that writer's Heinrich von Offerdingen
, Fouque's Sintram
's Goldene Topf
, and Richter
, whether these were read in the original German
or in the translations of Carlyle
, and others.
All these books are now little sought, and rather alien to the present taste.
To these were added, in English
, such tales as Poe
's William Wilson
's The Birthmark
and Rappaccini's Daughter,;
and, in French
's Le Peau de Chagrin
, which Professor Longfellow
used warmly to recommend to his college pupils.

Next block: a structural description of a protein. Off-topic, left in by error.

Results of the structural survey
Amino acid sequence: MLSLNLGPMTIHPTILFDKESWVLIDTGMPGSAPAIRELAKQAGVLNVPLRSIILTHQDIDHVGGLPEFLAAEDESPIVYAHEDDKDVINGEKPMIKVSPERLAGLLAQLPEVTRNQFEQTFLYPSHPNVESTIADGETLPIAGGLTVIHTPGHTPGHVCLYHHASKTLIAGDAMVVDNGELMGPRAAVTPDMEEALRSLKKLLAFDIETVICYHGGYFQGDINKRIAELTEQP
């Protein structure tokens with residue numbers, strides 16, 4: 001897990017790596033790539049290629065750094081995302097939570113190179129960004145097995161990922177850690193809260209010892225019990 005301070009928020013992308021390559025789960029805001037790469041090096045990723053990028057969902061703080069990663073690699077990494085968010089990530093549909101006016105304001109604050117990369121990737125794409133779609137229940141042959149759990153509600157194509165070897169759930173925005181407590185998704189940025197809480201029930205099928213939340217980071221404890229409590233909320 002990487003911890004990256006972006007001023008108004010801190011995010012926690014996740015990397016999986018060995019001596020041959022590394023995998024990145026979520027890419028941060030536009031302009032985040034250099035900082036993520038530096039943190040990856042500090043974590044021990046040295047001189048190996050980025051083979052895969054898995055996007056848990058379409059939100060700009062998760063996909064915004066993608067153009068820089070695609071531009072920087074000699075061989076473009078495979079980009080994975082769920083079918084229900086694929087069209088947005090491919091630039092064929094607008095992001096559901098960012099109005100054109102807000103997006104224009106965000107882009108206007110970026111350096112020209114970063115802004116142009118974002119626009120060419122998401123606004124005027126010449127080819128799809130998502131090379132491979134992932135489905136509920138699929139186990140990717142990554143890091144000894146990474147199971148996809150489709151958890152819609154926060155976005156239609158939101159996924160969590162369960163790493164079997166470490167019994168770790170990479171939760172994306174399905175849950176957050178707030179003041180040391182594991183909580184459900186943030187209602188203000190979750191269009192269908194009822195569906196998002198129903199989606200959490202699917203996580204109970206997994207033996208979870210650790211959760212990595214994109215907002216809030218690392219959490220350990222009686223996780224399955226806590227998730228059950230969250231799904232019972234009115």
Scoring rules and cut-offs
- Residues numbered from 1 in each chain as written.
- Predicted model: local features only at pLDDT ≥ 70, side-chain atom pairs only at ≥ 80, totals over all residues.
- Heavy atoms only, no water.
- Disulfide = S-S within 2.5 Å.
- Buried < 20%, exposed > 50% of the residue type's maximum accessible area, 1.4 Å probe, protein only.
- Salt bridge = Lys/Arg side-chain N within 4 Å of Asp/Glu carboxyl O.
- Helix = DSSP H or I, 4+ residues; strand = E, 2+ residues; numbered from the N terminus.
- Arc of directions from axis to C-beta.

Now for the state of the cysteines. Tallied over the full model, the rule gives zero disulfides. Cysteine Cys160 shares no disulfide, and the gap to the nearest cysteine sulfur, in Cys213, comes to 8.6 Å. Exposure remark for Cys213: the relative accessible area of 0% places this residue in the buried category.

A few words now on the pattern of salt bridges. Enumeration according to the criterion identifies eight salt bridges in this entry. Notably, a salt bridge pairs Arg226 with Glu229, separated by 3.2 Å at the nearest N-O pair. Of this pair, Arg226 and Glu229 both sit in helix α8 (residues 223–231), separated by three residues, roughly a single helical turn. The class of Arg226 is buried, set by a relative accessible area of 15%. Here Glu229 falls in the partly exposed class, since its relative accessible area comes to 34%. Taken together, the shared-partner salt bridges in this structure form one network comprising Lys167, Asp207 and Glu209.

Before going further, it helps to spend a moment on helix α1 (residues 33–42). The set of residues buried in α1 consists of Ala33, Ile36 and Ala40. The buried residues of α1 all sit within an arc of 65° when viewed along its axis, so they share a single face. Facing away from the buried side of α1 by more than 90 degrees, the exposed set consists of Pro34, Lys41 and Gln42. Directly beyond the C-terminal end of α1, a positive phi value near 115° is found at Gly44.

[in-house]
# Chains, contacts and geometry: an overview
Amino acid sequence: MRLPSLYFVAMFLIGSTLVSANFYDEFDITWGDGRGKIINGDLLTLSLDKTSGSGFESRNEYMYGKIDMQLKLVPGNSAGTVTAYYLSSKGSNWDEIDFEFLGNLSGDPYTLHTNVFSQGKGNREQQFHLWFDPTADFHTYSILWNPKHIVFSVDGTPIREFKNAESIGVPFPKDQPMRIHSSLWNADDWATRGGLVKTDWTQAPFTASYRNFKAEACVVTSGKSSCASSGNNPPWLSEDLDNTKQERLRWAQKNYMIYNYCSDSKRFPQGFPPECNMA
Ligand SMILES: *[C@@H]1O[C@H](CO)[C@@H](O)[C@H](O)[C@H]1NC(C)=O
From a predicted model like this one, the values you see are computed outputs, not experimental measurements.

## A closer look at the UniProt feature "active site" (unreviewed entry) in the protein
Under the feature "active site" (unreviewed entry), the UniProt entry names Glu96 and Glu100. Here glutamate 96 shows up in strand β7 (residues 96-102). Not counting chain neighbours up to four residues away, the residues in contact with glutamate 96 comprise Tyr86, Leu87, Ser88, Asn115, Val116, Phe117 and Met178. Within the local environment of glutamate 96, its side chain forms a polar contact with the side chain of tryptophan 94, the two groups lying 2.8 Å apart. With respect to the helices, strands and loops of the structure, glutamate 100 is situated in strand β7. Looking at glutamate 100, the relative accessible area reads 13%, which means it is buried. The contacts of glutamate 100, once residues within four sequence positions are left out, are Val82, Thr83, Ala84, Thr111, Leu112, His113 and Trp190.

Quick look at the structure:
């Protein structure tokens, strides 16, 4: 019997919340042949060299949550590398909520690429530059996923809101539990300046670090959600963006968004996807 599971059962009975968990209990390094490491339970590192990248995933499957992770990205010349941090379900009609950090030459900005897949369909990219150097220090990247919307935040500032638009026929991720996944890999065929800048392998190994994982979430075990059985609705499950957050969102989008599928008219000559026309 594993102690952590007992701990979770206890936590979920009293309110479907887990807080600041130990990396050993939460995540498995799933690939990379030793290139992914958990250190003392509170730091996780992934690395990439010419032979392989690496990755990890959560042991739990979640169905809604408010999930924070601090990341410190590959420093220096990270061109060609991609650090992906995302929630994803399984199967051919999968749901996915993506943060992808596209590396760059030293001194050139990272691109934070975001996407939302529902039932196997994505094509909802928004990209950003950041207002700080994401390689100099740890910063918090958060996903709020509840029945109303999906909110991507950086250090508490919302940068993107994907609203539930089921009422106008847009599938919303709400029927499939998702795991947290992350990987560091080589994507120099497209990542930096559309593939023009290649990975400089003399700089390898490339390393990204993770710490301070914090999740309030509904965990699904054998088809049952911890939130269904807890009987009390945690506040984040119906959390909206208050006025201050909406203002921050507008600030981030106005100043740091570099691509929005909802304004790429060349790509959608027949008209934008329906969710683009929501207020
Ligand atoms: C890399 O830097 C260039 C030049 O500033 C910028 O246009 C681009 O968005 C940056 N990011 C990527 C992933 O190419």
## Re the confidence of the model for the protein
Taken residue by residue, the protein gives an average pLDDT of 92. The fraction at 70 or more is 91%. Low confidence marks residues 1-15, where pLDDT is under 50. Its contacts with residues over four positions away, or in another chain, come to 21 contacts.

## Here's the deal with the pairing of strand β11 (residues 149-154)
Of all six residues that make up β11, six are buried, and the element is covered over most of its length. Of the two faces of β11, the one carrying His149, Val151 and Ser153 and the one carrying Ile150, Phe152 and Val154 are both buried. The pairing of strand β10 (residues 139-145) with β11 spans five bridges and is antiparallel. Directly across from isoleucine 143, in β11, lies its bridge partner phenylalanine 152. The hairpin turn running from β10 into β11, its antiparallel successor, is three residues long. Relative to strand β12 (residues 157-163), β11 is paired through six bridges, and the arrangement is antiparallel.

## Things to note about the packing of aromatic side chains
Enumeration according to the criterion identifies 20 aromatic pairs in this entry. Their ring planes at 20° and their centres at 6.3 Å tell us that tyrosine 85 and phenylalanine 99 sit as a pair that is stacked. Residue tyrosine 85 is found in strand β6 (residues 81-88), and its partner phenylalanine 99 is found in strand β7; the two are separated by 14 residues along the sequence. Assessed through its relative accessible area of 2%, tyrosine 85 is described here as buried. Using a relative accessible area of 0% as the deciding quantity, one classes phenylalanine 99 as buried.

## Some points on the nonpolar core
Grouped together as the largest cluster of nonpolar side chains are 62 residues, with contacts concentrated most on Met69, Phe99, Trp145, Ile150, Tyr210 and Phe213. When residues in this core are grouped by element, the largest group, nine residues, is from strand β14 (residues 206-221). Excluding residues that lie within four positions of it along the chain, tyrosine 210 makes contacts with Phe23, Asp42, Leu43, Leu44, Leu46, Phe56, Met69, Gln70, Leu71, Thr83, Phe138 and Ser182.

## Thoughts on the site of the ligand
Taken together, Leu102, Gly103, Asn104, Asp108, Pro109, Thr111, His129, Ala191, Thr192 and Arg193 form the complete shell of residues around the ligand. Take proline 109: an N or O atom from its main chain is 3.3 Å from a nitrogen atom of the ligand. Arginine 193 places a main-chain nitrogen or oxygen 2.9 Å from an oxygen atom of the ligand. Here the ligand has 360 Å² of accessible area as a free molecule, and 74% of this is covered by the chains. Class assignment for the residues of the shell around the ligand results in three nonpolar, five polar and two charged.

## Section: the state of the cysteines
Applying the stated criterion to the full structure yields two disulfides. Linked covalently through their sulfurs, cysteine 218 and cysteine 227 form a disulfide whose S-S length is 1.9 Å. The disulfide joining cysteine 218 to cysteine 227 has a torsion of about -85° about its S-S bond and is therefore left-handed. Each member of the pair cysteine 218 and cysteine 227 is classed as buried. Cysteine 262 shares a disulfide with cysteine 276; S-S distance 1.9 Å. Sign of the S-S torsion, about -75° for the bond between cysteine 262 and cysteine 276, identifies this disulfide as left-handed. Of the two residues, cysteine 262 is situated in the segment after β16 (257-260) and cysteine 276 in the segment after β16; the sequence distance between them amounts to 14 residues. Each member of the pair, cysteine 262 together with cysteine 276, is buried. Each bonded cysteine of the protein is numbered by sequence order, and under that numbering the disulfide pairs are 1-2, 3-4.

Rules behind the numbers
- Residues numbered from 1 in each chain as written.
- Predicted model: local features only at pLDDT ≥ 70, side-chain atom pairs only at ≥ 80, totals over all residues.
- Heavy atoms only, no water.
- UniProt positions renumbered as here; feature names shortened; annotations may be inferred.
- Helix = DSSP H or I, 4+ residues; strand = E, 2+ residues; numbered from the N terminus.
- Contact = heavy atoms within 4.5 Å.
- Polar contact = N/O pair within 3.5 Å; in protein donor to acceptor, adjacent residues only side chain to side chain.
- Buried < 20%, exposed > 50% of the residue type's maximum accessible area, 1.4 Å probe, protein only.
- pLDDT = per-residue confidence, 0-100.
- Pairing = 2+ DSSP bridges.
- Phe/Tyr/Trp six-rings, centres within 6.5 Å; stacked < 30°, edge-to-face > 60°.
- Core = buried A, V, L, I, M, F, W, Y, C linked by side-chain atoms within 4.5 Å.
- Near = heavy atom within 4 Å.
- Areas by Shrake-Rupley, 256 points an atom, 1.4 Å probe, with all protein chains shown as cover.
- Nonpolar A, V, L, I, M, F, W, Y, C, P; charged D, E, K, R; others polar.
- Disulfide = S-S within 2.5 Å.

Works like these represented the prevailing sentiment of a period; they exerted a distinct influence on the moulding of a generation.
Their moral was irresistible for those who really cared enough for the books to read them; they needed no guide-boards; the guide-board was for the earlier efforts at realism, before it had proved its strength.
Realism has since achieved its maturity, and undoubtedly has won — if it has not already lost again-possession of the field.
Whether its sway be, as many think, a permanent change, or only, as I myself believe, a swing of the pendulum, the fact is the same.
It is as useless to resist such changes as it was for Lowell
to go on lighting his pipe for years